Cities across the world are in the grip of an intensifying housing crisis, in which access to affordable, secure and appropriate housing is increasingly inaccessible for the majority. There is rising pressure on stakeholders to find solutions but, simultaneously, persistent opposition to housing models that contest the neoliberal logics that prioritise housing’s financialisation. In this context, many proposed and developed ‘solutions’ have focused on how housing can - in the words of one entry to an architectural competition - ‘GET SMALLER.’ Termed ‘micro-living’, a trend is emerging for housing models that shrink living spaces, either by providing self-contained units at below minimum space standards or by offering ‘co-living’ tenancies in small private rooms with access to shared communal spaces. Presented as innovative and aspirational, micro-living
distinguishes itself from unequivocally problematic small housing, such as Hong Kong’s ‘coffin homes’ or the UK’s ‘beds-in-sheds’. While microliving is transforming ways of imagining, producing and inhabiting cities it has, as yet, been little explored by Geographers. Responding to this gap, this paper traces the emerging geographies of micro-living in major Western cities and demonstrates the importance of the topic in Geography. As well as detailing micro-living’s typologies, we excavate the lineages of micro-living and consider the discourses it draws on in self-presenting as an aspirational form of homemaking. In doing so, we highlight some of the issues that micro-living responds to, exacerbates and entrenches, including the stunted opportunities of millennials since the 2008 recession and the precarity of contemporary labour economies.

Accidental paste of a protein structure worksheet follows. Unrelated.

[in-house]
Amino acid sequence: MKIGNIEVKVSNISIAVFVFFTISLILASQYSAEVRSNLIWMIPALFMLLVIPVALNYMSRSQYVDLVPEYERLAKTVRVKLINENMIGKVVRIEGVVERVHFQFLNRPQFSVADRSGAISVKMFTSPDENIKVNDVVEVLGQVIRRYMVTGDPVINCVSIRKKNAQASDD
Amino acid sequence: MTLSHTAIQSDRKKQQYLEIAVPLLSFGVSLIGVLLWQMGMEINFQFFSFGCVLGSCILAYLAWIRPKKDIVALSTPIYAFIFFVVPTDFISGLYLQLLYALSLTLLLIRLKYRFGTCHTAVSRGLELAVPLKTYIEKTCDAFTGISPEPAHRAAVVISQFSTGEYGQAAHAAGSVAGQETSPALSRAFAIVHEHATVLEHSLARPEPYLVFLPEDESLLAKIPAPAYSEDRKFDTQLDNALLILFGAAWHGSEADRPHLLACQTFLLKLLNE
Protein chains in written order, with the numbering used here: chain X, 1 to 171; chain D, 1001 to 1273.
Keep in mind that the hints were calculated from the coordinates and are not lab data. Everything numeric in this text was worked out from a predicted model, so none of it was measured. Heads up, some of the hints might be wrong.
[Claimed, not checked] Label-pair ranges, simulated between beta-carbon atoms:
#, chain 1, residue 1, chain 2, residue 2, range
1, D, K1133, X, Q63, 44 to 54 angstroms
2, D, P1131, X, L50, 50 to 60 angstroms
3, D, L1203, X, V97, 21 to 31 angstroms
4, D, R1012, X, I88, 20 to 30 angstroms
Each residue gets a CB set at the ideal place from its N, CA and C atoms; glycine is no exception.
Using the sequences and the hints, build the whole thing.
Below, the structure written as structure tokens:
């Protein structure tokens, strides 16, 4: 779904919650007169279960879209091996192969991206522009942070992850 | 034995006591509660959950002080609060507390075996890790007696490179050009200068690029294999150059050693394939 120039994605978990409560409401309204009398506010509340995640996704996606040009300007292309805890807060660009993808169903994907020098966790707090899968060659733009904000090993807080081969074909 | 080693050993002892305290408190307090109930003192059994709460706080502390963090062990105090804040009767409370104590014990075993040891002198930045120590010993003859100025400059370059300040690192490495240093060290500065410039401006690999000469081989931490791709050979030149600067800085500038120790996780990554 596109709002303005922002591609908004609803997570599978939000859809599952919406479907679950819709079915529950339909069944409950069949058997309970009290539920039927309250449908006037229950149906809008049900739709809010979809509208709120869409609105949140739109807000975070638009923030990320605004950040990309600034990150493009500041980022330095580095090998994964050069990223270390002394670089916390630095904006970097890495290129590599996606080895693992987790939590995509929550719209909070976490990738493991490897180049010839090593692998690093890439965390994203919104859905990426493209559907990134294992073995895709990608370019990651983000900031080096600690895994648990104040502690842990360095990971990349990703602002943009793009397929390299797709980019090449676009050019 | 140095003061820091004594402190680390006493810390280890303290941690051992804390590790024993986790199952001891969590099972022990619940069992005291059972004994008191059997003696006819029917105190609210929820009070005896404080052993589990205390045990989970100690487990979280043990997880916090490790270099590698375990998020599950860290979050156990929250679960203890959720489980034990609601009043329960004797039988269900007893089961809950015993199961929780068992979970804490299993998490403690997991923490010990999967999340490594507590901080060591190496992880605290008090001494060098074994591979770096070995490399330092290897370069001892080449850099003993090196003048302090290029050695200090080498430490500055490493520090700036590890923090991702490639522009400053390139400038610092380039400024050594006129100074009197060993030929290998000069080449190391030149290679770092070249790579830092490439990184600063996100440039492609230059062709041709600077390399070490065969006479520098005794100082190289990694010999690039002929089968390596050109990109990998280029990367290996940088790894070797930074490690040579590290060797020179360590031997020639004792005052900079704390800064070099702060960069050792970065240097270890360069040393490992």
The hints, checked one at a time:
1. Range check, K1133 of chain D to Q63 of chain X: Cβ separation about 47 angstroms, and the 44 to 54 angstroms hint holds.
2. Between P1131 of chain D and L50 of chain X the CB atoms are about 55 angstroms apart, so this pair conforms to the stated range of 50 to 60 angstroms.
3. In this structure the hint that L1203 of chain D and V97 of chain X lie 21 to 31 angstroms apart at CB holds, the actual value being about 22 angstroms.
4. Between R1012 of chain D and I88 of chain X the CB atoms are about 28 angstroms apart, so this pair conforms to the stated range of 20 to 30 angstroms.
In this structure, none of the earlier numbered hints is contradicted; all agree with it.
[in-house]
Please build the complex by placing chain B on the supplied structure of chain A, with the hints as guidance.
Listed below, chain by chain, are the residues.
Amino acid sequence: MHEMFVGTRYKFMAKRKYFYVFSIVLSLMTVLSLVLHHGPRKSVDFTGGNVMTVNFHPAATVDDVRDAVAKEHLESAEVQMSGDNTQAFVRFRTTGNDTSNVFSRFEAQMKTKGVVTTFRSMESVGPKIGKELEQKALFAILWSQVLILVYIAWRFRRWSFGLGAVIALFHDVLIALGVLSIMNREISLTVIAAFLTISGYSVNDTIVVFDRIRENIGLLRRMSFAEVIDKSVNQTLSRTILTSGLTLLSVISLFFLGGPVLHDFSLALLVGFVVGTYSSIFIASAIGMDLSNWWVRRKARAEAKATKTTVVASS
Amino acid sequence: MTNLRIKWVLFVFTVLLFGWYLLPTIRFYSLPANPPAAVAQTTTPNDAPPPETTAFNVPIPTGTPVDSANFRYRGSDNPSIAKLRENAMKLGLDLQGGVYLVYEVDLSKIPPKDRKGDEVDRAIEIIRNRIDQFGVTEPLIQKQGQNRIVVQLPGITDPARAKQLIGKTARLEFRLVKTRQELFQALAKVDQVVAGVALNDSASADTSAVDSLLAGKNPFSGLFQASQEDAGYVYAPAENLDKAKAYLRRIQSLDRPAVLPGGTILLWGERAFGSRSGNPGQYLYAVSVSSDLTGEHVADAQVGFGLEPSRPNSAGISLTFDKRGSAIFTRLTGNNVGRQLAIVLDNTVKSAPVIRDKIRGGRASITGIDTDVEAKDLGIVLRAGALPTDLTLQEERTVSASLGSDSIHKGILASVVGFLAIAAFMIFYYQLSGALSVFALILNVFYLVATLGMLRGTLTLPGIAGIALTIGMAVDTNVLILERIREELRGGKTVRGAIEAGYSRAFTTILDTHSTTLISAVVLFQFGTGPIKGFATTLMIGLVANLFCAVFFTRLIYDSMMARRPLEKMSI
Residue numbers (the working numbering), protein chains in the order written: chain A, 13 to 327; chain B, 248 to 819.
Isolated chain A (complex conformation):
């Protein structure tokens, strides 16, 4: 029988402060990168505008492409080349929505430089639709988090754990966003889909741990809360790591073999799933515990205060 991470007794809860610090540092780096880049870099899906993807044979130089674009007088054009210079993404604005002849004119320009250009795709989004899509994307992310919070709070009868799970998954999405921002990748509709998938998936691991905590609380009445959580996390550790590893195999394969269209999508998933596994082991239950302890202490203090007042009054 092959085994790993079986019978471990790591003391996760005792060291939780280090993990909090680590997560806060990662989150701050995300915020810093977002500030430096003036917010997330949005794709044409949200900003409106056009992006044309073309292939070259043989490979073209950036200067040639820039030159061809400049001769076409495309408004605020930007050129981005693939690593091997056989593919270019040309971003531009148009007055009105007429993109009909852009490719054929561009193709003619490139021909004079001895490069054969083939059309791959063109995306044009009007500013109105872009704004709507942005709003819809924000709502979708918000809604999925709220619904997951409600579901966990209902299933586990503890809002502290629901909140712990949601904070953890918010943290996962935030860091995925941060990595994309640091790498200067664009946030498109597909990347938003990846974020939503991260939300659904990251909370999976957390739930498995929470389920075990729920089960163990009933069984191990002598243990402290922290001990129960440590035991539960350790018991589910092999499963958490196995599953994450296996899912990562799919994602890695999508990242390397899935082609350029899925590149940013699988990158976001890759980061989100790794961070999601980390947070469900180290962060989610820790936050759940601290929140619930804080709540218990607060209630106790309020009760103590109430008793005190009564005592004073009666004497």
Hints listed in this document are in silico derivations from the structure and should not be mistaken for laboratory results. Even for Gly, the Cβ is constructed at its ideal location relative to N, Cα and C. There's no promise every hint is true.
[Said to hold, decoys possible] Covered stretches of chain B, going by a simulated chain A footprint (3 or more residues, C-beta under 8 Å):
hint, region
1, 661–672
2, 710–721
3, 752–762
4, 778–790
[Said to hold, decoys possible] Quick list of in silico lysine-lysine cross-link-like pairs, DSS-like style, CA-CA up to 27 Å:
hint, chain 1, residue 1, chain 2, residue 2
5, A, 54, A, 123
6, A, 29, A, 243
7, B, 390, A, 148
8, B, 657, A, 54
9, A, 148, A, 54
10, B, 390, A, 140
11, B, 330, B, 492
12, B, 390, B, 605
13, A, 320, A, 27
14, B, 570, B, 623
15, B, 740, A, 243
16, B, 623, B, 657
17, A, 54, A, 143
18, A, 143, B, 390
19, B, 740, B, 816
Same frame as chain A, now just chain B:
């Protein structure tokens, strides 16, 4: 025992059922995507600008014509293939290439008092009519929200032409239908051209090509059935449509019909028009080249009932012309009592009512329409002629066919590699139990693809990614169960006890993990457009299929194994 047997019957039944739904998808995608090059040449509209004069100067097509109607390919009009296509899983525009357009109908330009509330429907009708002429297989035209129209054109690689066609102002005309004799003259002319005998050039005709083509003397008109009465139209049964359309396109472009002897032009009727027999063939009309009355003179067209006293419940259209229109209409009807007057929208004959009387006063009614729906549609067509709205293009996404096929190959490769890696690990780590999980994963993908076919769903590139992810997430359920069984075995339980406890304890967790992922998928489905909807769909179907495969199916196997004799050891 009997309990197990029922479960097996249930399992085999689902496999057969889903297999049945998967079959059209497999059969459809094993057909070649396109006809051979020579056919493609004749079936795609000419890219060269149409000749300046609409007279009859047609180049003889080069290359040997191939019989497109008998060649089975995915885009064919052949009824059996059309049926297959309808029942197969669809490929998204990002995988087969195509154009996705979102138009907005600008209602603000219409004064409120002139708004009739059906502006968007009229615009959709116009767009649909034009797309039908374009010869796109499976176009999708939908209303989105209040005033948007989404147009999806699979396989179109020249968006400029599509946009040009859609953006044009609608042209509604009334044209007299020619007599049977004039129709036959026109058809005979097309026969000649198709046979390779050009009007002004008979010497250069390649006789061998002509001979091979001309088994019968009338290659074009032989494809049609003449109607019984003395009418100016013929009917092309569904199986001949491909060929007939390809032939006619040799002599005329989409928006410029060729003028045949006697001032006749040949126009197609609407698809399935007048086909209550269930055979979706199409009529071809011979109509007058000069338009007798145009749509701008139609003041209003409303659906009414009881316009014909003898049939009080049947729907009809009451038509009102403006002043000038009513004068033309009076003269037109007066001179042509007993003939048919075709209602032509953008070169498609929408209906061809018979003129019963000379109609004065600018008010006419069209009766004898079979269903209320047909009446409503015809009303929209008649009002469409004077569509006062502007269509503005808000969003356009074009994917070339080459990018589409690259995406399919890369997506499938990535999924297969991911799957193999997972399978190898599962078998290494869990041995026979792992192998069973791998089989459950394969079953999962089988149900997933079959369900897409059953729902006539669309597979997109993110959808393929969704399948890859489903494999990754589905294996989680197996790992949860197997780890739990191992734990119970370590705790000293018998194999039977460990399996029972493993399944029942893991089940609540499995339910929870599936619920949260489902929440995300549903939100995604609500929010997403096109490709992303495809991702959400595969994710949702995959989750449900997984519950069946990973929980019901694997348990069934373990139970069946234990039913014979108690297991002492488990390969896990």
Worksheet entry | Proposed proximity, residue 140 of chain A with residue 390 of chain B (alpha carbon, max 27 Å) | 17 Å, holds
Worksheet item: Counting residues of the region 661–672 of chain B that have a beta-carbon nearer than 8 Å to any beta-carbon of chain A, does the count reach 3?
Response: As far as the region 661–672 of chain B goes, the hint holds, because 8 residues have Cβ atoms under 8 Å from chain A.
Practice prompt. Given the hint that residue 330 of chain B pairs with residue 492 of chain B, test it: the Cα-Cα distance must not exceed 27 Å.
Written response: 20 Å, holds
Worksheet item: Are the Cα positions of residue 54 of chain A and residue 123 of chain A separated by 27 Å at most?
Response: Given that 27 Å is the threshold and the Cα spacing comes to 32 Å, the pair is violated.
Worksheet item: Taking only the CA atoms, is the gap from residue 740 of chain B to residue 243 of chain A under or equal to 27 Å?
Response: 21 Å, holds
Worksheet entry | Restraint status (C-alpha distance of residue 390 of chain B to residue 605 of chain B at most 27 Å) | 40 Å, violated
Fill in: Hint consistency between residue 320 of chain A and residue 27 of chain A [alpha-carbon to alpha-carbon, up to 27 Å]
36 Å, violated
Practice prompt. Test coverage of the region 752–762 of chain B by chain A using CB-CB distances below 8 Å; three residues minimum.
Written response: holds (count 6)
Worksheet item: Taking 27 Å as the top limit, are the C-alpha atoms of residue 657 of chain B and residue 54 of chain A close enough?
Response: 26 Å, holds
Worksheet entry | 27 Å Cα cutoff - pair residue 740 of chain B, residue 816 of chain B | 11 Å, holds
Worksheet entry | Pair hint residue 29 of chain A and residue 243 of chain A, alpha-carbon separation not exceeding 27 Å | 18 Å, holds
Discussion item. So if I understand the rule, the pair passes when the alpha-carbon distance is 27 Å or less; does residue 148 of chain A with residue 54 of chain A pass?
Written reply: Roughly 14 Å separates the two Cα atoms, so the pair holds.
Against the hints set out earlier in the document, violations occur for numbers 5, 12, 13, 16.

Harris, EllaNowicki, Mel
Department of Social Sciences
Year of publication: 2020Date of RADAR deposit: 2020-04-22